Thinking Aloud

This summer I spent a couple of weeks in Scotland. It’s one of my favourite places – not just because of its mountain scenery but because of its way of doing things. My son-in-law is Scottish. He and my daughter live in Glasgow. Had I been a free agent in my youth I would have emigrated there years ago.

Had I done so, I’d have a vote in the forthcoming referendum on Scottish independence. If there’s a parallel universe somewhere, in which I did emigrate all those years ago, I wonder how my parallel self will vote? If he’s like me, when he thinks of the run down estates where he used to work in West Yorkshire he’ll want to vote no. He might think that the ordinary people there have more in common with the similarly less-well-off people of Scotland than the latter have in common with the rich people of Scotland. They, in turOran Morn, have more common interest with the people who run Britain from the South of England. But, on the other hand, when he’s looking at Alastair Gray’s murals in Oran Mor, (or reading Lanark) he’ll almost want to vote yes.

Trouble is, he probably won’t be a nationalist at heart, thinking of patriotism as the last refuge of the scoundrel. If so, he takes a dim view of borders generally. (There’s a sign near John O’Groats pointing out that you’re nearer to Norway than to London. It’s good to be reminded that the North Sea isn’t that wide. It’s a reminder, too, that the Russia-Ukraine border isn’t that far away either). He’s an optimist who thinks there’s a light at the end of the tunnel of history and when we reach it we’ll find the world has no borders at all. Respect for cultural identity yes, real democracy, yes, at the very least, but borders, no. He is impressed by Alastair Gray’s advice, to “work as if you live in the early days of a better nation” but will think of that nation as the whole world.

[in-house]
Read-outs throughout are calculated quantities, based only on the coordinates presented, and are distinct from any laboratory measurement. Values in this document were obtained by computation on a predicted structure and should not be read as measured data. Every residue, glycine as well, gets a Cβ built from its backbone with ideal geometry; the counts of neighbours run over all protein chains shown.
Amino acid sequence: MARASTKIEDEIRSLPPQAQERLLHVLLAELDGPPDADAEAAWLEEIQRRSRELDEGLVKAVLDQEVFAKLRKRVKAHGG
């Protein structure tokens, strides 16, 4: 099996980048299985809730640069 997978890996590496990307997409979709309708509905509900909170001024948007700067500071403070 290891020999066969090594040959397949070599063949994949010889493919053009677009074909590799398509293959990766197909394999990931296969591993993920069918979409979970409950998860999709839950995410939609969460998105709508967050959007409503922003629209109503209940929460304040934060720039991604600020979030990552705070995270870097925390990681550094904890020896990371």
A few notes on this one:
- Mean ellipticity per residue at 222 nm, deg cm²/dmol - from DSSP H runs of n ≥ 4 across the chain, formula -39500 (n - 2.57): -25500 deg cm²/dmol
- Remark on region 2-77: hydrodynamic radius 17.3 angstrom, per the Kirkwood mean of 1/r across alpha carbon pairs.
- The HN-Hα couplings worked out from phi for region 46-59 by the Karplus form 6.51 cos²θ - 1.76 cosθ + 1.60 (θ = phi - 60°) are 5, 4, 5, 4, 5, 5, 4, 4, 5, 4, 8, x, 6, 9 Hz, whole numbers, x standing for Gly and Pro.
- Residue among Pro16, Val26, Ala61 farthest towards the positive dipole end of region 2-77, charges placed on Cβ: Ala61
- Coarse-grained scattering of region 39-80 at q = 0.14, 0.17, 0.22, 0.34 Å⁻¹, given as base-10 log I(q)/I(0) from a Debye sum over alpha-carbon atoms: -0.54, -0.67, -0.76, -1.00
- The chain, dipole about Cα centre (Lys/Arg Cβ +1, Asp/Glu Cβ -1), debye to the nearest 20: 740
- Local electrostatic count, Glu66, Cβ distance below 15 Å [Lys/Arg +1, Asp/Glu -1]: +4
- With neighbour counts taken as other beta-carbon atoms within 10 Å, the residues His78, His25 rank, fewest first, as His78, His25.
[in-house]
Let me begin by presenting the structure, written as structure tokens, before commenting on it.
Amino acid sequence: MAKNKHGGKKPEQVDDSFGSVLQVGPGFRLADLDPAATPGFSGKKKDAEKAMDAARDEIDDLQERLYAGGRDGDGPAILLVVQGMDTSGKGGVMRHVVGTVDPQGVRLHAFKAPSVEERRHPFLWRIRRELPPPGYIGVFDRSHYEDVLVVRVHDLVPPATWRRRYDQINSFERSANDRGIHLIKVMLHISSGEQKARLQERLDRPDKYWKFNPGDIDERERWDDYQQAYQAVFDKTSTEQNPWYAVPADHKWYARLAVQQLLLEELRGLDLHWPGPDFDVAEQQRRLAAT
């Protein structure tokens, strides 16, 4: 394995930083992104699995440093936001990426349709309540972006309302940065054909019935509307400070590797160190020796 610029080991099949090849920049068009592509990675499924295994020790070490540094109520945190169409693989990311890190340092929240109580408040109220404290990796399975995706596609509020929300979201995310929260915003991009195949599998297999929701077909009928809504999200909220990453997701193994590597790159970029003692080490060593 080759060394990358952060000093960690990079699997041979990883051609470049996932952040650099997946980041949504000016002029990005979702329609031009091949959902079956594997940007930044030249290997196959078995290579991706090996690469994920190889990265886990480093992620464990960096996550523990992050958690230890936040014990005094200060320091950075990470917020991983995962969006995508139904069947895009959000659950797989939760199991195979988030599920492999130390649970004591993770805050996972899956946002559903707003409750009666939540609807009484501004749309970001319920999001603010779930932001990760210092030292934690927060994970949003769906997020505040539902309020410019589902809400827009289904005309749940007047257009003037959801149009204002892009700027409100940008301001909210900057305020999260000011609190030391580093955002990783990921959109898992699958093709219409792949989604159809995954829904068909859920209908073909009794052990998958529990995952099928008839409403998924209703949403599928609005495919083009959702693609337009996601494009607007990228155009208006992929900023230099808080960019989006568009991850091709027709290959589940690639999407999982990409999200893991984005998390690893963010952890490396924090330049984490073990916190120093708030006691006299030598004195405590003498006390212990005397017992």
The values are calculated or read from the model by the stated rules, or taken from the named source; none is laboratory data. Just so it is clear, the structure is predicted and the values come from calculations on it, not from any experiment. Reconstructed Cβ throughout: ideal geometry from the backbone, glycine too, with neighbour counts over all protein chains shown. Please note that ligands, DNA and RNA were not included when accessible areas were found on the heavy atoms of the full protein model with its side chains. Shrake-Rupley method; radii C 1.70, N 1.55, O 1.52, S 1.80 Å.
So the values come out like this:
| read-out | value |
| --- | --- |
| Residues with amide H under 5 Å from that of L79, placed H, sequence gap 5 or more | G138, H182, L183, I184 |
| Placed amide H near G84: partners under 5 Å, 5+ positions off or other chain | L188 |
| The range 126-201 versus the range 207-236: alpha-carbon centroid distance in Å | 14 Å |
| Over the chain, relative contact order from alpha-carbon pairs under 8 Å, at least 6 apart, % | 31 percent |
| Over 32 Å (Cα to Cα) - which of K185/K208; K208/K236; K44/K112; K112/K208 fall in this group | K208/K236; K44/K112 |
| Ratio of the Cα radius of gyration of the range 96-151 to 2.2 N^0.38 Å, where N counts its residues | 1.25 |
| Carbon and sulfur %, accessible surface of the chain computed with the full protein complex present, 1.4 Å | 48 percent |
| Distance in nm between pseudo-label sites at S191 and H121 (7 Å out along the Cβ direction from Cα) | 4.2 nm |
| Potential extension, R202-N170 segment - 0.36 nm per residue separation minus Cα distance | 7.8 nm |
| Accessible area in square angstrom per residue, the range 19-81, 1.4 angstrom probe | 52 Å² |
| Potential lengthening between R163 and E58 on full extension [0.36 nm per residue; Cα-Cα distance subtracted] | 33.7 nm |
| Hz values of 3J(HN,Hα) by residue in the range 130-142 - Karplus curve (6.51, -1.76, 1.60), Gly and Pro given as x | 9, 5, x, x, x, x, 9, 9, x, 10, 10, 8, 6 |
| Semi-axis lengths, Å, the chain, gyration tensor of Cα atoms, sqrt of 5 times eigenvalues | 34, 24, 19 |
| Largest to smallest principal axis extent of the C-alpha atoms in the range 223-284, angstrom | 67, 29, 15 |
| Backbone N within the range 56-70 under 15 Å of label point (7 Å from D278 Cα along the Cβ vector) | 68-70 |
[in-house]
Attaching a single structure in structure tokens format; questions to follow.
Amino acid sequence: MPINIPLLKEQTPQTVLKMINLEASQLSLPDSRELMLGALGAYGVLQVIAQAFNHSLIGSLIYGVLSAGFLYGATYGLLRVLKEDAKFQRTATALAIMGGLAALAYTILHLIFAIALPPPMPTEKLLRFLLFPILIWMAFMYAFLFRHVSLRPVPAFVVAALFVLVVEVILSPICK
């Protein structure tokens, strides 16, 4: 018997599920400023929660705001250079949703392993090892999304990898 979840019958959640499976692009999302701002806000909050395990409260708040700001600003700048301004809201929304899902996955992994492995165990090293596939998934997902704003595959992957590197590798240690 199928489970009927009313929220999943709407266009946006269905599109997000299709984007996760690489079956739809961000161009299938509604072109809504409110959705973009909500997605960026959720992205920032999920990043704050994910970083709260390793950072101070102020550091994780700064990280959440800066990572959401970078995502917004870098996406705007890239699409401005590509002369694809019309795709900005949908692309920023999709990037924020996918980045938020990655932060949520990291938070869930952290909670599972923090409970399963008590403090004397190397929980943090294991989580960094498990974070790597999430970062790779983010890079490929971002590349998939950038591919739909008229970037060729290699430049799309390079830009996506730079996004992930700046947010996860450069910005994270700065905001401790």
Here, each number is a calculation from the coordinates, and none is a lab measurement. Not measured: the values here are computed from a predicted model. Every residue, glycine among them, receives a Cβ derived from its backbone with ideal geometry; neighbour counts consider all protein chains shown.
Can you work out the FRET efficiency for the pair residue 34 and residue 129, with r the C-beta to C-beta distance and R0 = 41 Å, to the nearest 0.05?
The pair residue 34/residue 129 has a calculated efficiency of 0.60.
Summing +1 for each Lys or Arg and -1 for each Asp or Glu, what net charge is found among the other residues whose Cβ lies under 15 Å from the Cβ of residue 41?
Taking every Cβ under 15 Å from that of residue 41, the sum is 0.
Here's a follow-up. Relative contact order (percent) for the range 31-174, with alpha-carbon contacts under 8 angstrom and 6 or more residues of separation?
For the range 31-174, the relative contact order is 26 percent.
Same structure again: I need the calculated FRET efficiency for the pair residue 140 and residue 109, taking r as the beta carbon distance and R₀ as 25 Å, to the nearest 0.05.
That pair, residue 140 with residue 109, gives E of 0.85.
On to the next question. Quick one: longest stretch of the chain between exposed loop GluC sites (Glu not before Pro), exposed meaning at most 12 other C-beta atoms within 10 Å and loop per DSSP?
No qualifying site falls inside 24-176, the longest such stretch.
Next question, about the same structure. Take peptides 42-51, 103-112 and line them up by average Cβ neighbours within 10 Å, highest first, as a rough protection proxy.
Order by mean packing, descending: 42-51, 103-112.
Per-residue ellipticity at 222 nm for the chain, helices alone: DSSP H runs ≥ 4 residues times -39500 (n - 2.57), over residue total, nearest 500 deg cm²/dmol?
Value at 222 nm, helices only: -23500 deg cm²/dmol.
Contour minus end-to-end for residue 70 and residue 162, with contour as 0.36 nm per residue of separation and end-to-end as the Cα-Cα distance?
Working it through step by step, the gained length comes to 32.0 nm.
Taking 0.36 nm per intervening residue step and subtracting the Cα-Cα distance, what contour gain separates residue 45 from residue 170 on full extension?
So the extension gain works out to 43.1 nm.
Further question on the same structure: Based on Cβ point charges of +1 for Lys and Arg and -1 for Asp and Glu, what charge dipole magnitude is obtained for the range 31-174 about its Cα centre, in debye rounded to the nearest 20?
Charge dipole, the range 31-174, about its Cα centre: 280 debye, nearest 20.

But, unlike my parallel alter ego, I don’t live in Scotland so I don’t need to be persuaded, as I don’t have a vote. It doesn’t stop me thinking about the issues, though. A Scotsman who does have a vote (with whom I shared a bottle of Old Bushmills* recently)  listened to me discourse on the tunnel of history (and it’s quite a long tunnel after a couple glasses of Old Bushmills) and told me he didn’t think of himself as a nationalist with a capital “N” but wanted more democracy. I could see that if I walked two miles in his shoes I might feel incapable of voting no. However, I’m wearing my own. Unlike him,  I live in the North of England. Like him, I look at the way Britain is ruled for the South by the South. If you want to draw a line across Britain then draw it -roughly- from the Mersey in the West to the Wash in the East. You could make that the southern border of, say, a Greater Scotia. Democracy in that country would function better for the people who lived in it than the current arrangement. But that’s not the option on offer – and it’s still a border. Spare a thought for the people of Loughborough.

*Yes, yes, I know. It’s Irish whiskey.


5 thoughts on “Thinking Aloud

  1. A thoughtful and interesting piece, Dominic. It will be interesting to see how the referendum goes. By the way, that Bushmills whiskey comes from County Antrim, which is the origin of my Gaelic ancestors. I’ve spent quite a few days here and there around Bushmills on my genealogical excursions to the area.

  2. I have no idea how I would vote if I were a Scot – although Alex Salmond doesn’t thrill me one little bit I’m afraid in spite of his ‘win’ over Alastair Campbell last evening. My guess is that the no votes will win – but then I have often been wrong with our elections so we shall have to wait and see.

    Incidentally – having to click on the top of your post to leave a comment throws me every time – I always end up on your last post and have to start again.

  3. When I read this I am reminded of a poster I saw on Facebook that was posted by some organization called Do As One Earth. Here’s link to poster. I hope it works. If it doesn’t I’ll try to delete it. These words made me think of it: He’s an optimist who thinks there’s a light at the end of the tunnel of history and when we reach it we’ll find the world has no borders at all. Respect for cultural identity yes, real democracy, yes, at the very least, but borders, no.

    Post by Do As One.

  4. There is another school of thought that would like to divide Britain down the middle. I think it’s dying out though, even in Lancashire and Yorkshire. On my last tour over the Pennines I found the natives of the eastern parts most friendly.

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